Just Stop Oil is expected to begin two weeks of action from Monday and has accused the government and police of “groundhog day” rhetoric over crackdowns on protesters.
Scotland Yard said on Sunday that it believes the environmental activist group will launch two weeks of “disruption” in London in the run-up to Christmas.
It comes amid reports that the home secretary, Suella Braverman, is to summon police chiefs to Downing Street for a meeting about cracking down on the group’s protests.
Braverman and the policing minister, Chris Philp, will meet police leaders and crime commissioners in Downing Street towards the end of the week, a Whitehall source told PA Media.
Just Stop Oil has responded to reports about Rishi Sunak clamping down on demonstrators. In a statement on Sunday, the group said: “Does it feel like groundhog day? Haven’t we been here before with the last two prime ministers and their home secretaries?
“They say that repeating the same actions over and over again and expecting a different result each time is a sign of madness.
“But we already know that the government is deluded and out of touch. To blindly pursue new fossil fuel extraction when the IEA [International Energy Agency], the UN and 99% of the world’s scientists have said that to do so will lead to the collapse of human civilisation is, in the words of the UN secretary general António Guterres, ‘moral and economic madness’.”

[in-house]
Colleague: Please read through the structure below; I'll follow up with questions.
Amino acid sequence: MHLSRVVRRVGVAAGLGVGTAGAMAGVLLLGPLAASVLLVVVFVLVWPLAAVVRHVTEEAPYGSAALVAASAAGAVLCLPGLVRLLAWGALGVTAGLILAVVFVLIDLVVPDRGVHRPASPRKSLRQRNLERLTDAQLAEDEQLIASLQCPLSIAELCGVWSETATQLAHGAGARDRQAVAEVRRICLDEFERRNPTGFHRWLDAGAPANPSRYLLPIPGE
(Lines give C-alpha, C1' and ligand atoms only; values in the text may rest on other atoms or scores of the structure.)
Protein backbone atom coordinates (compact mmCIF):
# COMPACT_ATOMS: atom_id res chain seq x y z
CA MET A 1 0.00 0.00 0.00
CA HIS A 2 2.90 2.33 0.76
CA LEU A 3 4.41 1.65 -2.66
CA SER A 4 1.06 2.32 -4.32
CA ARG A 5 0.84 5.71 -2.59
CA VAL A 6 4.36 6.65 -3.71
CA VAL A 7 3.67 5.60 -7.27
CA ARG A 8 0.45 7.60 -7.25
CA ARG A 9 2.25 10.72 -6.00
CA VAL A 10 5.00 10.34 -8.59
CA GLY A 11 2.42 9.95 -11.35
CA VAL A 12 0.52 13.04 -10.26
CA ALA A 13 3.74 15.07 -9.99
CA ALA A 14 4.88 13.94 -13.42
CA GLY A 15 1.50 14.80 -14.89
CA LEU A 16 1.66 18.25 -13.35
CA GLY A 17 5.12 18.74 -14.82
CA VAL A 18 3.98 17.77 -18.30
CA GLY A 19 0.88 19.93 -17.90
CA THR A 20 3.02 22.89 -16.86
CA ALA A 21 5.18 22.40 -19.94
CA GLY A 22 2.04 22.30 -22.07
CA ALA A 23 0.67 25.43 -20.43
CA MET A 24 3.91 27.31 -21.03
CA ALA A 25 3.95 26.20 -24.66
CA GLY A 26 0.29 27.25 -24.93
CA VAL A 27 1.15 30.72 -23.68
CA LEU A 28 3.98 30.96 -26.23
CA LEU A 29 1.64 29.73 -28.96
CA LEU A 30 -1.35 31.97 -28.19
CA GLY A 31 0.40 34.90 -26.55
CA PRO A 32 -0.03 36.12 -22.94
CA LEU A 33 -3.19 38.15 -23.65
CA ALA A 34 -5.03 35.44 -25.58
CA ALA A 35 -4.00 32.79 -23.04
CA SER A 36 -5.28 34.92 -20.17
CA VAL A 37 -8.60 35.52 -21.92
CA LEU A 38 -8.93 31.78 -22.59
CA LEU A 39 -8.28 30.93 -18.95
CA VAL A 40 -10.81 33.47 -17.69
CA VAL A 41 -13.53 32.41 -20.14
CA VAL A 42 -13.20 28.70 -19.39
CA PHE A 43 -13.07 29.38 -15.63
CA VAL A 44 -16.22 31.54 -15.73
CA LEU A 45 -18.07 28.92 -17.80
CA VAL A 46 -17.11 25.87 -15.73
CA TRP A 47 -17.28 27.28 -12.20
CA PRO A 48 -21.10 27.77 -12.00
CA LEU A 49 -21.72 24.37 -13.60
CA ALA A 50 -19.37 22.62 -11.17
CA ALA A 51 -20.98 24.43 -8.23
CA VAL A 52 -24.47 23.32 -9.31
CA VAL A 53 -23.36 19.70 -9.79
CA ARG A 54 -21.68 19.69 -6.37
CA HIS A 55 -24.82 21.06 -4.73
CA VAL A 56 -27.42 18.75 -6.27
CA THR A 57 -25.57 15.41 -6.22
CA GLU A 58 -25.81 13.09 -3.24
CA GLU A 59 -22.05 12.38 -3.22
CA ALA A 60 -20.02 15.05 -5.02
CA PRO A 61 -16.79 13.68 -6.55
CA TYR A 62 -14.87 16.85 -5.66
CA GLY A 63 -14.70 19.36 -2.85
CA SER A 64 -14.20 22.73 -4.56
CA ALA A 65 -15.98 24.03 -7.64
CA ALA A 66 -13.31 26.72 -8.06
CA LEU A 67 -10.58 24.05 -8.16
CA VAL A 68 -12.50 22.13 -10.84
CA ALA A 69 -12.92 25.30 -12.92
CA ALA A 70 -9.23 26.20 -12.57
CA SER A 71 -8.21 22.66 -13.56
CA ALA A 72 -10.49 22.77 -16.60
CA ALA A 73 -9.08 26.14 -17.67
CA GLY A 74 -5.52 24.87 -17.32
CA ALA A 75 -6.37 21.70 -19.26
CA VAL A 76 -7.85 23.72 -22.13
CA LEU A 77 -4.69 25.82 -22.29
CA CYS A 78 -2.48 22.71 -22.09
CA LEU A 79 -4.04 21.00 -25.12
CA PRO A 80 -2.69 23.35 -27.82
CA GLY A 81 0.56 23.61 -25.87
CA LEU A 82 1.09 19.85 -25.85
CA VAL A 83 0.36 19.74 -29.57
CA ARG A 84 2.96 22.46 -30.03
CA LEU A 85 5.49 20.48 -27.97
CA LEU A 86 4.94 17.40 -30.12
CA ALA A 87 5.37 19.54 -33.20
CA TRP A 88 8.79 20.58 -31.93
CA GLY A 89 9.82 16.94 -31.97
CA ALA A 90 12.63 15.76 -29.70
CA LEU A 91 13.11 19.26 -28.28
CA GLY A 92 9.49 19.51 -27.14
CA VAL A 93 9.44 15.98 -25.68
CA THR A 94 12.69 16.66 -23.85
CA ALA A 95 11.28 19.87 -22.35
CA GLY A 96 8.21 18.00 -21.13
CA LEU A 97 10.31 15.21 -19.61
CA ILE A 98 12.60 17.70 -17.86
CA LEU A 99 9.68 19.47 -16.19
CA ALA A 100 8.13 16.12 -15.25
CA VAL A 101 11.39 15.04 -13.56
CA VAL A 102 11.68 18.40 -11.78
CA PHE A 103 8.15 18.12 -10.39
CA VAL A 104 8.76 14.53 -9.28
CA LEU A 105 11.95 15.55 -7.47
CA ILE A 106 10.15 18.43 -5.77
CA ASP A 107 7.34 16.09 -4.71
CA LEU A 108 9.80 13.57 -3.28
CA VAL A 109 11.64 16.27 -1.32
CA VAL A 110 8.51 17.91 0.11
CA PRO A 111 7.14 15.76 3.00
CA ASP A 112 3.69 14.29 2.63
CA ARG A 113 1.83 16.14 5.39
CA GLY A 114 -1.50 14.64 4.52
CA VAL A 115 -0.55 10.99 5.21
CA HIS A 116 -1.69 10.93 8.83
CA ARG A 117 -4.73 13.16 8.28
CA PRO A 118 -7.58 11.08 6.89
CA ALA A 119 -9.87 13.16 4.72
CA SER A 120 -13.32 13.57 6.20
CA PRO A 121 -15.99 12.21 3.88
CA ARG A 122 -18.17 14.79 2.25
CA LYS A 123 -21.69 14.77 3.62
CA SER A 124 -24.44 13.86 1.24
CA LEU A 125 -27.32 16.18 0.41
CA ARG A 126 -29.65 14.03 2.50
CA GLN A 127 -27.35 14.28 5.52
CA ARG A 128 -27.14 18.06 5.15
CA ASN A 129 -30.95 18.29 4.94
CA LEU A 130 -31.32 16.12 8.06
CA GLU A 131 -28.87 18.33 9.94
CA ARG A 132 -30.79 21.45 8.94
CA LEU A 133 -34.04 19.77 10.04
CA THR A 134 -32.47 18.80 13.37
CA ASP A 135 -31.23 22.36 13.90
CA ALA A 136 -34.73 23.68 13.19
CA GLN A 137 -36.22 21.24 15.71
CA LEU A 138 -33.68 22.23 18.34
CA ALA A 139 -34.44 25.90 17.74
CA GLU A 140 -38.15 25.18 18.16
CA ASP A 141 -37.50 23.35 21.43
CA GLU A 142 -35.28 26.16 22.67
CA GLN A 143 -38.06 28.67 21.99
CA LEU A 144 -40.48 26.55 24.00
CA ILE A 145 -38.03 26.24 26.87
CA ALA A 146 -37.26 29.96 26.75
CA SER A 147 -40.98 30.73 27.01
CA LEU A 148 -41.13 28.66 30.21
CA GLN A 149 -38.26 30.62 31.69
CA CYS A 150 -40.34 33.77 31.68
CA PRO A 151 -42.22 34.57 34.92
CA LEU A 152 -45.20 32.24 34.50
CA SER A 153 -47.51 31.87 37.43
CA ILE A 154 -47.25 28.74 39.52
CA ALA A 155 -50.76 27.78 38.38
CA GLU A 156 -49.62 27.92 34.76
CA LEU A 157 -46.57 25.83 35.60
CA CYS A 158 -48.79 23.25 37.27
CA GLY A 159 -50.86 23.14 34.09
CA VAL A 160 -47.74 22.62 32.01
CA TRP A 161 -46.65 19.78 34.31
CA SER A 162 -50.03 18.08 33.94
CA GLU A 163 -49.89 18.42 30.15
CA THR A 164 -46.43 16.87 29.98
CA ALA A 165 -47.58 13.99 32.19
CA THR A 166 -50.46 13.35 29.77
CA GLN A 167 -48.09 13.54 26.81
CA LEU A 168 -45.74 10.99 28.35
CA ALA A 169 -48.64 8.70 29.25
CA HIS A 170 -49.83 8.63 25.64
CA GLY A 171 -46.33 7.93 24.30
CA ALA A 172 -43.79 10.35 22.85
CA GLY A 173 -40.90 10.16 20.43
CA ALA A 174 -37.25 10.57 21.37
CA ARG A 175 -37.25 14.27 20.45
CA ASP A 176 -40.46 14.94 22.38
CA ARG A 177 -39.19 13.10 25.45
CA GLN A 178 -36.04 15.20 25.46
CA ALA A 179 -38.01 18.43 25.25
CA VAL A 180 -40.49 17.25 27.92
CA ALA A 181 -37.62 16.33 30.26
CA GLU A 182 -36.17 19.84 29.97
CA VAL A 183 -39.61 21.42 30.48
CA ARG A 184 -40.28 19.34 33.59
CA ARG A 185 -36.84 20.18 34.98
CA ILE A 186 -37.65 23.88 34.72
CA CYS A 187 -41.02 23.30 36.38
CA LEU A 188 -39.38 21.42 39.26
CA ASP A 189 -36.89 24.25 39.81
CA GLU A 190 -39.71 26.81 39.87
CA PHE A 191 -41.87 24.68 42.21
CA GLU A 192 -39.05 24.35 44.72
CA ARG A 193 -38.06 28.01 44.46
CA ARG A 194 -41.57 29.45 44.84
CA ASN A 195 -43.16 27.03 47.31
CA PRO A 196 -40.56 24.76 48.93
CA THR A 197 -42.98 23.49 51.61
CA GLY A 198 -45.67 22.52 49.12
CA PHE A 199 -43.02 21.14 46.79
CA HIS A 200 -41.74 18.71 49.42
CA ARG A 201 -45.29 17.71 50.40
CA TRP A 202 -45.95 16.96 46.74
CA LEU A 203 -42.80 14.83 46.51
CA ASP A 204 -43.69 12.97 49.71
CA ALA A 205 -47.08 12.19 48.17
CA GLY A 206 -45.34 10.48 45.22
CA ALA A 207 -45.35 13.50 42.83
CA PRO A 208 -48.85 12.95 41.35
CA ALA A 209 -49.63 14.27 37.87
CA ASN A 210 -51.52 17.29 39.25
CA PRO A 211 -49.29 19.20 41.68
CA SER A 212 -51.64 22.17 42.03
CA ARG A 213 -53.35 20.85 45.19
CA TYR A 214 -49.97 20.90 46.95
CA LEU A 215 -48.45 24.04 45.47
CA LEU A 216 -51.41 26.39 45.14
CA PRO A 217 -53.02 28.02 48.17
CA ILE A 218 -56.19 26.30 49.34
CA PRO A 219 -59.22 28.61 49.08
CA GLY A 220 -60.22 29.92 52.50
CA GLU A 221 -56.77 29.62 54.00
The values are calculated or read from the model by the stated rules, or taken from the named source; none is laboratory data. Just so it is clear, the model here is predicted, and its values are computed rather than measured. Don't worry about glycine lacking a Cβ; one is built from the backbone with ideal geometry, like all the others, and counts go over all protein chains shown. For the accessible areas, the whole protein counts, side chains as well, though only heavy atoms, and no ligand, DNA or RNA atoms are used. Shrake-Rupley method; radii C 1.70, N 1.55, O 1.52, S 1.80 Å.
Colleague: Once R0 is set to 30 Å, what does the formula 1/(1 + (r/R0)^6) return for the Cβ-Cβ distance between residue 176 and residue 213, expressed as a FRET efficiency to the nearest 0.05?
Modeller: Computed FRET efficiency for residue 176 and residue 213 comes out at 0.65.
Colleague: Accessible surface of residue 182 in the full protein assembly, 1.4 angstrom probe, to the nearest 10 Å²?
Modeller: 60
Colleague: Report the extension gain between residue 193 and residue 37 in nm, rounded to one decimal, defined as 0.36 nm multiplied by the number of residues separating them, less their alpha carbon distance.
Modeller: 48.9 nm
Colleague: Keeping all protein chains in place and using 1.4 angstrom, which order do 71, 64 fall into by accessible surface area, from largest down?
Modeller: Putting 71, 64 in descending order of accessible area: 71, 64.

The Met Police said 755 Just Stop Oil activists were arrested during October and November, with 182 charged.
Commander Karen Findlay said: “Activists are affecting people’s businesses, their lives, whether they are on their way to a doctor, a long-awaited hospital appointment, on their way to work, to interviews, or to collect children.
“Therefore, I again urge Just Stop Oil organisers to engage with us to minimise disruption to Londoners.”
The campaign group has vowed to continue its protests until the government agrees to halt all new oil and gas projects.
Emily Brocklebank, 24, and Louis McKechnie, 22, caused just under £2,000 of damage at the Courtauld Gallery when they attached themselves to the 1889 work Peach Trees in Blossom, their trial heard.
The 18th-century frame, which is older than the painting itself, had been permanently damaged, District Judge Neeta Minhas told Westminster magistrates court.